Fig. 1
figure 1

Depiction of normal NT (nuchal translucency) during first trimester

During the Anomaly Scan which was performed at 21 weeks and 3 days of gestation, Estimate Fetal Weight (EFW) was on the 87th centile and fetal growth including all long bones, abdominal and head circumferences were within normal range. Regarding fetal anatomy, brain structure, spinal cord, renal and gastrointestinal systems’ anatomy was normal, and amniotic fluid volume was within normal range. However, nuchal fold was slightly increased (7,1 mm) (Fig. 2) and during assessment of cardiac anatomy a ventricular septal defect (VSD) (Fig. 3) was revealed. Finally, external male genitalia were present, complicated with micropenis (Fig. 4).

Fig. 2
figure 2

Depiction of increased NF (nuchal fold) during the Anomaly Scan (21 + 3 weeks of gestation)

Fig. 3
figure 3

Depiction of VSD (Ventricular Septal Defect) during the Anomaly Scan (21 + 3 weeks of gestation)

Fig. 4
figure 4

Depiction of micropenis during the Anomaly Scan (21 + 3 weeks of gestation)

Moreover, based on the finding of VSD, parents were counseled for fetal echocardiogram, which confirmed the membranous VSD measuring 2 mm. Fetal echocardiogram also revealed restricted growth of aortic isthmus (AoI) without increased velocities (velocity on AoI: 0,76 m/sec) and normal blood flow and small pericardial perfusion without hemodynamic consequences.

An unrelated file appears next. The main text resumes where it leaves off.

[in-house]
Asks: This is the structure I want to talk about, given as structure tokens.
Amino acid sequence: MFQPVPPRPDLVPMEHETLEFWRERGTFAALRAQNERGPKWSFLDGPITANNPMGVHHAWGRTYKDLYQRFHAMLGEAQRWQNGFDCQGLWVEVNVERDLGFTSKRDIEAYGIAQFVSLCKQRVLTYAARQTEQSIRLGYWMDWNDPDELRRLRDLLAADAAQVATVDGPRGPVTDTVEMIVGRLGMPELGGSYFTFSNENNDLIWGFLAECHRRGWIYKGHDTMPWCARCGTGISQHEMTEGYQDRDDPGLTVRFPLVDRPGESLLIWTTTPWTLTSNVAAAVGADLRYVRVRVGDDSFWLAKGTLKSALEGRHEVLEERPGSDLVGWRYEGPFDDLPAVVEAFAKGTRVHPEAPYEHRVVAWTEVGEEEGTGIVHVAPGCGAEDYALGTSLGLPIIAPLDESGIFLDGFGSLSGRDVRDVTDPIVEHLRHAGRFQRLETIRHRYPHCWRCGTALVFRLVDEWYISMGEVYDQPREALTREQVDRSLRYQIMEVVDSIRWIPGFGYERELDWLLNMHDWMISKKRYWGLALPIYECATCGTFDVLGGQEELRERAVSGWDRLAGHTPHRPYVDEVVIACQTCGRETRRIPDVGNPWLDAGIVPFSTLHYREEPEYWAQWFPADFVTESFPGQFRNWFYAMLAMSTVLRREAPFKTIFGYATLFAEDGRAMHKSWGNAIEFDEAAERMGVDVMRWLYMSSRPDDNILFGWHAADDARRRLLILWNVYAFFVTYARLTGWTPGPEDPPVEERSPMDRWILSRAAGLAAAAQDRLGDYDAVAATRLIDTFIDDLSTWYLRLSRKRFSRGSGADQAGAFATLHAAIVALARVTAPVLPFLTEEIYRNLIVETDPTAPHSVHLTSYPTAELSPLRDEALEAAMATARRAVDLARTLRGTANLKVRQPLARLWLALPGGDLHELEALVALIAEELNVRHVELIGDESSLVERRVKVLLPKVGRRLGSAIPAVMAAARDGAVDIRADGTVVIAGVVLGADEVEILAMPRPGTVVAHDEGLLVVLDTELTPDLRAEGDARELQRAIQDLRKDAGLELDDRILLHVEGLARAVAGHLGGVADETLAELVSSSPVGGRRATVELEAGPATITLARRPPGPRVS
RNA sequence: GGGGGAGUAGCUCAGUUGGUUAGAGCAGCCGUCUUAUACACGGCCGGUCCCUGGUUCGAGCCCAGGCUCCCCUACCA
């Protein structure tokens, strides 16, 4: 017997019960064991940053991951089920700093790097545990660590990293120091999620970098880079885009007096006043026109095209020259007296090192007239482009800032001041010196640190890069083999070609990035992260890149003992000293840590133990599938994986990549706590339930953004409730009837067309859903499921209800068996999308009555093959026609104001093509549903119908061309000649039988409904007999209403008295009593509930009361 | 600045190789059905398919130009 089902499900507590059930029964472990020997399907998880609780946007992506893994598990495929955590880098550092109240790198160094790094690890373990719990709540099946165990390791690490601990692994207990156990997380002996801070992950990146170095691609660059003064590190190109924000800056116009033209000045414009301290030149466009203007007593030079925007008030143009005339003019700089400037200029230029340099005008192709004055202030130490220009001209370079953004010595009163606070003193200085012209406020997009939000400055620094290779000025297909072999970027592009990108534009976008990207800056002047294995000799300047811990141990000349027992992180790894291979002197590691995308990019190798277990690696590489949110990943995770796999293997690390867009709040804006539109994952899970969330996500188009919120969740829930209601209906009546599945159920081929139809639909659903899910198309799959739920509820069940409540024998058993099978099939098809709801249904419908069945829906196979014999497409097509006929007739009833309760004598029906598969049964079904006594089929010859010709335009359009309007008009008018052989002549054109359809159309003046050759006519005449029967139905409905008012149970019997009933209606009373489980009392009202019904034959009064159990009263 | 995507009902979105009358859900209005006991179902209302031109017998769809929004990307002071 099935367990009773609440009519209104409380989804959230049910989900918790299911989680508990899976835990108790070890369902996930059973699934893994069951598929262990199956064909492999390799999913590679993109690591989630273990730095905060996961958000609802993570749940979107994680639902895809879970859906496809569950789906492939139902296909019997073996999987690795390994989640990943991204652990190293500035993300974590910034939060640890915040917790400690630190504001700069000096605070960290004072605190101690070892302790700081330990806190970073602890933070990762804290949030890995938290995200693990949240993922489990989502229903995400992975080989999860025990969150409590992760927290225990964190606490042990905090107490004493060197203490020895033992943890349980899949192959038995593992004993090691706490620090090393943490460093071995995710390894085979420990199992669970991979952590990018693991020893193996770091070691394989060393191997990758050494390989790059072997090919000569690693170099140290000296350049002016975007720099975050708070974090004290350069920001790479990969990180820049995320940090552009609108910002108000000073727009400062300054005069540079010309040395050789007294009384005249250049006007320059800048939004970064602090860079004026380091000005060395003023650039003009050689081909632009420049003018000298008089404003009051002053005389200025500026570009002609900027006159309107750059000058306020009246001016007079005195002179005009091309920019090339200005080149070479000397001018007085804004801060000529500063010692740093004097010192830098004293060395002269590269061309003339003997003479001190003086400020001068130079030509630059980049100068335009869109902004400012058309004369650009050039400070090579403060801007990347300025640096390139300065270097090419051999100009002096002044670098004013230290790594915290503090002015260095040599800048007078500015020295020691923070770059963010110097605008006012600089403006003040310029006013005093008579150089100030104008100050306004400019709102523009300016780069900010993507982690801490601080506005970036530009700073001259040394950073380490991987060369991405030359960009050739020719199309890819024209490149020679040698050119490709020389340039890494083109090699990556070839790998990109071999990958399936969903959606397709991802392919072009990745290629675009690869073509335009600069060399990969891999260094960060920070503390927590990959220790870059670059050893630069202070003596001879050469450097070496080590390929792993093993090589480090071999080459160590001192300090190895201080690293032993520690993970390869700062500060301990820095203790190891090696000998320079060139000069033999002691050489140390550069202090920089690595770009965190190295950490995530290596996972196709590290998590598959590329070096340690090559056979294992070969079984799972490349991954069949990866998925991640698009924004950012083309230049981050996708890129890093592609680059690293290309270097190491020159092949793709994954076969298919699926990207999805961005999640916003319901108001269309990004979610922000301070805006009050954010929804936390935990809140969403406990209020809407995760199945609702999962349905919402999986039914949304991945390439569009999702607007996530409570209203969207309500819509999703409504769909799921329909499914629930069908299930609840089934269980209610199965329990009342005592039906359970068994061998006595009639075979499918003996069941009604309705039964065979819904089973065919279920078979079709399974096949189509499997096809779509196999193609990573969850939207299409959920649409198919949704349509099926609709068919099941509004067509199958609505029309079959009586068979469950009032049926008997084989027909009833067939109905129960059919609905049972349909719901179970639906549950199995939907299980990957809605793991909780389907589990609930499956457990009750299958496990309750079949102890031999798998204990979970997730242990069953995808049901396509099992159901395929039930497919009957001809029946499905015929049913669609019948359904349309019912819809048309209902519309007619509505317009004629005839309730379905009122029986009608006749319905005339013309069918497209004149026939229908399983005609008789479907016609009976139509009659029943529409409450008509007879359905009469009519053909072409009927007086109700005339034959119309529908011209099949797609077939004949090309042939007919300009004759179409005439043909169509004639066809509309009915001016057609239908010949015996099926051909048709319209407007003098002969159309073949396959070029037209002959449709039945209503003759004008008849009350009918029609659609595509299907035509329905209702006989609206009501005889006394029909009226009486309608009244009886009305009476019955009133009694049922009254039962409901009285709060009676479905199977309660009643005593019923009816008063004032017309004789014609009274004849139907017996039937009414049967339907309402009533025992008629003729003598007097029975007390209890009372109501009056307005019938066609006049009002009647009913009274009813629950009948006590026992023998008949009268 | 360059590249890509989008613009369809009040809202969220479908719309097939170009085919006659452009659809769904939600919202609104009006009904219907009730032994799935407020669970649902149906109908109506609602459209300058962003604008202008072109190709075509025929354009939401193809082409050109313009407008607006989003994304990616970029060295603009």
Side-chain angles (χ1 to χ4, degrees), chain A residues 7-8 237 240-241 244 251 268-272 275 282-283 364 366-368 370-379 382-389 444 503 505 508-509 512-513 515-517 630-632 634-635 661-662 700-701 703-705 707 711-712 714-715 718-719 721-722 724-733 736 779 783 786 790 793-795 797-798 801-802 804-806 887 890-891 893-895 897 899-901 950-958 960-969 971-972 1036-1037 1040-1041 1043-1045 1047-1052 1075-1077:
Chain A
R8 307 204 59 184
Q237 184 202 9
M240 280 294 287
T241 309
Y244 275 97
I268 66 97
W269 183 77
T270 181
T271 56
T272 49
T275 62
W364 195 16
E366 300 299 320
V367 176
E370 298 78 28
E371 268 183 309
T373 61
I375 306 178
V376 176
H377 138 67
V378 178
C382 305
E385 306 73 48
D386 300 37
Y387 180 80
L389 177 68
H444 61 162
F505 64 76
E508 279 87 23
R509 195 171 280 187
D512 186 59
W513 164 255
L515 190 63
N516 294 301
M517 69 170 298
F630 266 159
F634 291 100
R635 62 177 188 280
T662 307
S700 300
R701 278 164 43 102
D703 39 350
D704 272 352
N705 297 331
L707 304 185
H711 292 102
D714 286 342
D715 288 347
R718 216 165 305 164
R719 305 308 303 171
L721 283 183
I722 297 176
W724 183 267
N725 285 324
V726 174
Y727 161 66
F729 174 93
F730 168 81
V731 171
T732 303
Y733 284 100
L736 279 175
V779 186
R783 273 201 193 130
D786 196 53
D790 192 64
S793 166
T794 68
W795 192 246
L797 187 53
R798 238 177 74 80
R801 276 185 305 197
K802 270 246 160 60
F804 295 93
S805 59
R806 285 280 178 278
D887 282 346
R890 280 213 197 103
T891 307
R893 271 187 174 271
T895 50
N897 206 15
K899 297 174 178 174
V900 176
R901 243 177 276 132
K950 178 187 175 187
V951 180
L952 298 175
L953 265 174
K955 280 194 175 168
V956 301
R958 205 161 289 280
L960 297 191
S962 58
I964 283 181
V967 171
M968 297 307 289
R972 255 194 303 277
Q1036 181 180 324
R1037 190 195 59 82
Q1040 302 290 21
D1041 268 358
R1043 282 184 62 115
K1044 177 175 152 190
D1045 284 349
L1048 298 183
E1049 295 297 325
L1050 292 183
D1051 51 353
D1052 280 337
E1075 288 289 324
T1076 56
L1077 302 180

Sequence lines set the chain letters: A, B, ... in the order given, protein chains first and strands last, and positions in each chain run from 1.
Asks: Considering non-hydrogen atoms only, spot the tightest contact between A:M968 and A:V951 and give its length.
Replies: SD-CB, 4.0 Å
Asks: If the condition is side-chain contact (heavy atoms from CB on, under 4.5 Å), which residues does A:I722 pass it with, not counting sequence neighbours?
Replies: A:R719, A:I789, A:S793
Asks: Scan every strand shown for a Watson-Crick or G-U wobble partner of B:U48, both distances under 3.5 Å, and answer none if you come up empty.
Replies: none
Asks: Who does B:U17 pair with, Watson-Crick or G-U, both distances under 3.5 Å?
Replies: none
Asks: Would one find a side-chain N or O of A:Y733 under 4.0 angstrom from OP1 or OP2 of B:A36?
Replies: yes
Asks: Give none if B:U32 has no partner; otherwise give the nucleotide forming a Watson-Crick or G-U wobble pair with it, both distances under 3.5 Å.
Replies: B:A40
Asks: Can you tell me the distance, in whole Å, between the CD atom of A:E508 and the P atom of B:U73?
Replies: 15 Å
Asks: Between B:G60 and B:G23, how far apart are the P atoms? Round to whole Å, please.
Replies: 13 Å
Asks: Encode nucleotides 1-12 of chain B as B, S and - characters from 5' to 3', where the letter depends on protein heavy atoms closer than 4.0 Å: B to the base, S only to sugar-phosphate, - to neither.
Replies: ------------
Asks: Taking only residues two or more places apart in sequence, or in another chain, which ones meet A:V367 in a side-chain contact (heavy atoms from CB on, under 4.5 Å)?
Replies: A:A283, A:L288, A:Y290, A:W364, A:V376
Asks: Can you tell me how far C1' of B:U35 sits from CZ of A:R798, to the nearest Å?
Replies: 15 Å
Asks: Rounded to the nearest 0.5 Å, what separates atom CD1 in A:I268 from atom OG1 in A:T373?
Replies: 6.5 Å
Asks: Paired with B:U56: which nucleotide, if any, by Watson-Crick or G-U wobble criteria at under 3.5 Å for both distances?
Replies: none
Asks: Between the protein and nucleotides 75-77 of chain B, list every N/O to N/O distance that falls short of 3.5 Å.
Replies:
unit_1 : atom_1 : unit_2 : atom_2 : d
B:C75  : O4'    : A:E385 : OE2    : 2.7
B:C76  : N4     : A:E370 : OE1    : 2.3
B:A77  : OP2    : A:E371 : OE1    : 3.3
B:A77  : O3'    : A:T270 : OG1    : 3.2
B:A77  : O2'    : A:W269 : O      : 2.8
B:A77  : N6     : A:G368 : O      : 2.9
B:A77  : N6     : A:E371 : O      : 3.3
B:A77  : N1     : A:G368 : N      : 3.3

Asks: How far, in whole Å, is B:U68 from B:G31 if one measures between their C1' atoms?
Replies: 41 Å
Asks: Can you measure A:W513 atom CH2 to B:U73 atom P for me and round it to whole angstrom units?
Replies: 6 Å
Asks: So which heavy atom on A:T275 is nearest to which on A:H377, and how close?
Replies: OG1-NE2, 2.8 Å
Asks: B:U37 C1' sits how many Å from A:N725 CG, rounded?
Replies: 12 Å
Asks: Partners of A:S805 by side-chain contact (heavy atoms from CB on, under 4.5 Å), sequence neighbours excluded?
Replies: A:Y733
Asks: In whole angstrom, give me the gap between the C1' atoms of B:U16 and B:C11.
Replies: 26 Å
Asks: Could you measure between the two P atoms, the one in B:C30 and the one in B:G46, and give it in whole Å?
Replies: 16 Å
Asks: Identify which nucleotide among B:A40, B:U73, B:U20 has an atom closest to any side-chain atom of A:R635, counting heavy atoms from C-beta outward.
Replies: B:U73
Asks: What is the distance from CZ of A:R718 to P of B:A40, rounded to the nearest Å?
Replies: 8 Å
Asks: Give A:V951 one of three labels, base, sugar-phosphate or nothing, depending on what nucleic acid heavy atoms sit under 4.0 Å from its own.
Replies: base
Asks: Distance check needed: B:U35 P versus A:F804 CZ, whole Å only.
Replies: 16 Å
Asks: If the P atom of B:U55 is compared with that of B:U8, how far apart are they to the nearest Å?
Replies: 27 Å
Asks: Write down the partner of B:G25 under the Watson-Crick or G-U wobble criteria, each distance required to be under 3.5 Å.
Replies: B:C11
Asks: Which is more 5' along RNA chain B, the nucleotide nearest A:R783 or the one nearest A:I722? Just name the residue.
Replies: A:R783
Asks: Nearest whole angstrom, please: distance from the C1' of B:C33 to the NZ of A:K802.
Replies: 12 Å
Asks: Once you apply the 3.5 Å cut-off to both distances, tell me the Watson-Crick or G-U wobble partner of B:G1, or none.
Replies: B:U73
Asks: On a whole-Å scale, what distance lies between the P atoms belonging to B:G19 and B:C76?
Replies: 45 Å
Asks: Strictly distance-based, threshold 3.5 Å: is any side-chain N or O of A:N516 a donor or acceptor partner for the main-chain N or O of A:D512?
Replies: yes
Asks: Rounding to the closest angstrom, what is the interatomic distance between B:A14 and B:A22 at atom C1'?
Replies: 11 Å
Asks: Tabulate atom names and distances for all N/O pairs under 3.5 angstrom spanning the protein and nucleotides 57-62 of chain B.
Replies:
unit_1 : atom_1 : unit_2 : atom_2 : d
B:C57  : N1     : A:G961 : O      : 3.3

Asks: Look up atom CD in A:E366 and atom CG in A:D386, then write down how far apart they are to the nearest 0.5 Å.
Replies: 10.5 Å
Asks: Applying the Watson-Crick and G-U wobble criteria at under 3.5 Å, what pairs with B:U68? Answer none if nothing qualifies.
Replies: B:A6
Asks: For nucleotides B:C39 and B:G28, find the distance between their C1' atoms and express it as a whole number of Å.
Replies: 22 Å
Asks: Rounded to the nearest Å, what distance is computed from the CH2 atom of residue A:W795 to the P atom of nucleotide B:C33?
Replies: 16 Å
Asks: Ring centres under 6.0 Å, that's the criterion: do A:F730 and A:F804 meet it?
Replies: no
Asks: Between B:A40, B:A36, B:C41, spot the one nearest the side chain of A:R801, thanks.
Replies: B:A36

Following genetic counseling from a clinical geneticist, the parents decided to terminate the pregnancy and declined autopsy.


Following genetic counseling the parents opted for fetal Karyotyping and an uncomplicated amniocentesis was performed. Molecular karyotyping with array-GCH (array-based comparative genomic hybridization) was performed which revealed a 17 Mb duplication in chromosomal region 8p23.3p22 and a 3,8 Mb deletion in chromosomal region 18p11.32p11.31 (Fig. 5a and b). According to the array-CGH results, the genomic profile of the fetus was determined to be: arr[hg19] 8p23.3p22(191,530_17,258,463)x3,18p11.32p11.31(148,963_3,969,941)x1. The duplicated and the deleted regions encode 56 and 17 genes registered in OMIM database, respectively. In current literature there is no report of existence of both findings in one patient. However, when assessed individually, the 8p duplication is referred as the “Trisomy 8p Syndrome” and the 18p deletion as the “Chromosome 18p Deletion Syndrome”. As both findings were met on the telomeric regions of the chromosomes and based on their obstetrical history, the parents were referred for conventional karyotyping, as the chromosomal rearrangement found in the fetus was very likely to be inherited. The fetus’s mother had a normal female karyotype (results not shown). However, conventional cytogenetic analysis of the father revealed a balanced reciprocal translocation between the short arm of chromosome 8 and the short arm of chromosome 18 (karyotype according to ISCN was 46,XY, t(8;18)(p22;p11.31) (Fig. 6). The finding that the chromosomal rearrangement of fetus no4 is inherited, explains also the holoprosengephaly of the fetus No1 and the spontaneous miscarriage of the second pregnancy.